What Is Happiness
What is happiness, and how can one achieve true happiness? This is the ultimate question of life and what every person is seeking an answer to. Many feel that they have found their answer in belonging to the faith of their choice, but what is it that their faith teaches them that brings them happiness? The Philosophers Socrates, Plato and Aristotle all have a similar view on what happiness is and how to achieve it. Aristotle's view is based on Plato's and Plato's is based on Socrates' teachings; this is why they are similar but they are all important and different with each philosopher's personal views and beliefs. Socrates was a great man who was assassinated for his beliefs on the purpose of life and how to live…show more content… The first virtue is Temperance, where a person has the ability to control their own self. Self control and moderation lead to greater goods in life. Second virtue is Courage or the ability to will yourself to live and fully succeed as your part in society. Wisdom is the third virtue which is held by the ruler. Wisdom is only found in communities that are ruled by kings that have seen the good or the Philosopher Kings. These three virtues lead to the fourth and final Cardinal Virtue, Justice. Justice is the excellence of function for the whole. When the community or society as a whole is functioning well and each individual is functioning in their place all of the individuals are happy.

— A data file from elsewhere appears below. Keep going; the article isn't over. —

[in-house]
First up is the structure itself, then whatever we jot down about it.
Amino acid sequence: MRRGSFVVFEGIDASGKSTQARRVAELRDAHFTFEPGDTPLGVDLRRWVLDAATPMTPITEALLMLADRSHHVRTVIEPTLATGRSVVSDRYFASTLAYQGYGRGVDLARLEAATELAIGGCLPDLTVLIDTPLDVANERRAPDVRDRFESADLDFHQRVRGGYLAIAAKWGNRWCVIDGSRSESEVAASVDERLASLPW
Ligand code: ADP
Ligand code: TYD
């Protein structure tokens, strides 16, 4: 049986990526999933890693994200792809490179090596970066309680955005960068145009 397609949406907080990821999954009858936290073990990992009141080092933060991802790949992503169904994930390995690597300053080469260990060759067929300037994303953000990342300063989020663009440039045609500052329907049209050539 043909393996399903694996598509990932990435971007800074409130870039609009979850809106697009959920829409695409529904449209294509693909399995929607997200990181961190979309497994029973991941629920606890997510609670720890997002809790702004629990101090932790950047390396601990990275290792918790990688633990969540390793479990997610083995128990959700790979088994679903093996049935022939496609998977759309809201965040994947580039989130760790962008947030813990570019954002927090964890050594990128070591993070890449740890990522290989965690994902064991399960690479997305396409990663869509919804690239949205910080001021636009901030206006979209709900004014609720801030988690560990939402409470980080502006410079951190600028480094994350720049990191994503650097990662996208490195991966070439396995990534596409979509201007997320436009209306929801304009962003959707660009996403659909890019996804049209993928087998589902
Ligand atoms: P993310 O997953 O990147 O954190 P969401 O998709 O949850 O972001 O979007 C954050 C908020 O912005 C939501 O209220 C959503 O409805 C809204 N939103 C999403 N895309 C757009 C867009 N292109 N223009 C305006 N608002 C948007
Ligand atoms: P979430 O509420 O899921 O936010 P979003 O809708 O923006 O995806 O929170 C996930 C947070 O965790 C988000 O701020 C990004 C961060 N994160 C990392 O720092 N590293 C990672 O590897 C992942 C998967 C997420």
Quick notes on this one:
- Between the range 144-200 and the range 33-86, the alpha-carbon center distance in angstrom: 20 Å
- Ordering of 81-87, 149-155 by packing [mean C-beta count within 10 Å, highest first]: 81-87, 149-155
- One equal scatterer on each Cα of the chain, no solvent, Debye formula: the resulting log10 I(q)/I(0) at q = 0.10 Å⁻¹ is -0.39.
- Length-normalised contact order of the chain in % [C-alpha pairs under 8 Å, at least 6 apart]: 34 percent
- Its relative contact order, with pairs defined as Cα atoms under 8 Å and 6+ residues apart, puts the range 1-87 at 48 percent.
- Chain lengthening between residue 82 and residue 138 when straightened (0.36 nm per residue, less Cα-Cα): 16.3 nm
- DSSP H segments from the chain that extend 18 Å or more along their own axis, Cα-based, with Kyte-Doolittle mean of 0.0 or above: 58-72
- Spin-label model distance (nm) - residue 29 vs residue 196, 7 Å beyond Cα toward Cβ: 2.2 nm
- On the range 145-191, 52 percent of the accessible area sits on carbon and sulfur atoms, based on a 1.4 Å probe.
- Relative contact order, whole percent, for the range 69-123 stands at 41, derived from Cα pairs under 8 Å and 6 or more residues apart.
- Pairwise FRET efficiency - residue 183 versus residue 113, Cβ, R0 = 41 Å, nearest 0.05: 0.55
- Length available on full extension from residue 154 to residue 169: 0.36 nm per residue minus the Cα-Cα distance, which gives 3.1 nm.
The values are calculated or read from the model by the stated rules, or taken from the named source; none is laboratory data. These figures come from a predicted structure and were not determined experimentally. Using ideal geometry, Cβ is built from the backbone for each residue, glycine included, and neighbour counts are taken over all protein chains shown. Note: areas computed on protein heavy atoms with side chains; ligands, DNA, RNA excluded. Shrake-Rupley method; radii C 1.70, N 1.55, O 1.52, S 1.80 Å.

In the effect Plato believes that every person has their place and function in life and society and that if they perform their part well they will be happy. Also every individual has the choice to be happy. The choice to function well or inappropriately is the choice one must make to be happiest. Obviously inappropriate actions lead to unhappiness. In addition a well functioning society along with the well functioning individuals in it must follow the Four Cardinal Virtues. After all of these means have been met, then society and every person will experience true happiness.
Naturalism is the belief that reality is the natural world. This belief and way of thinking was brought about by Aristotle; one of Plato's pupils. In order to explain the four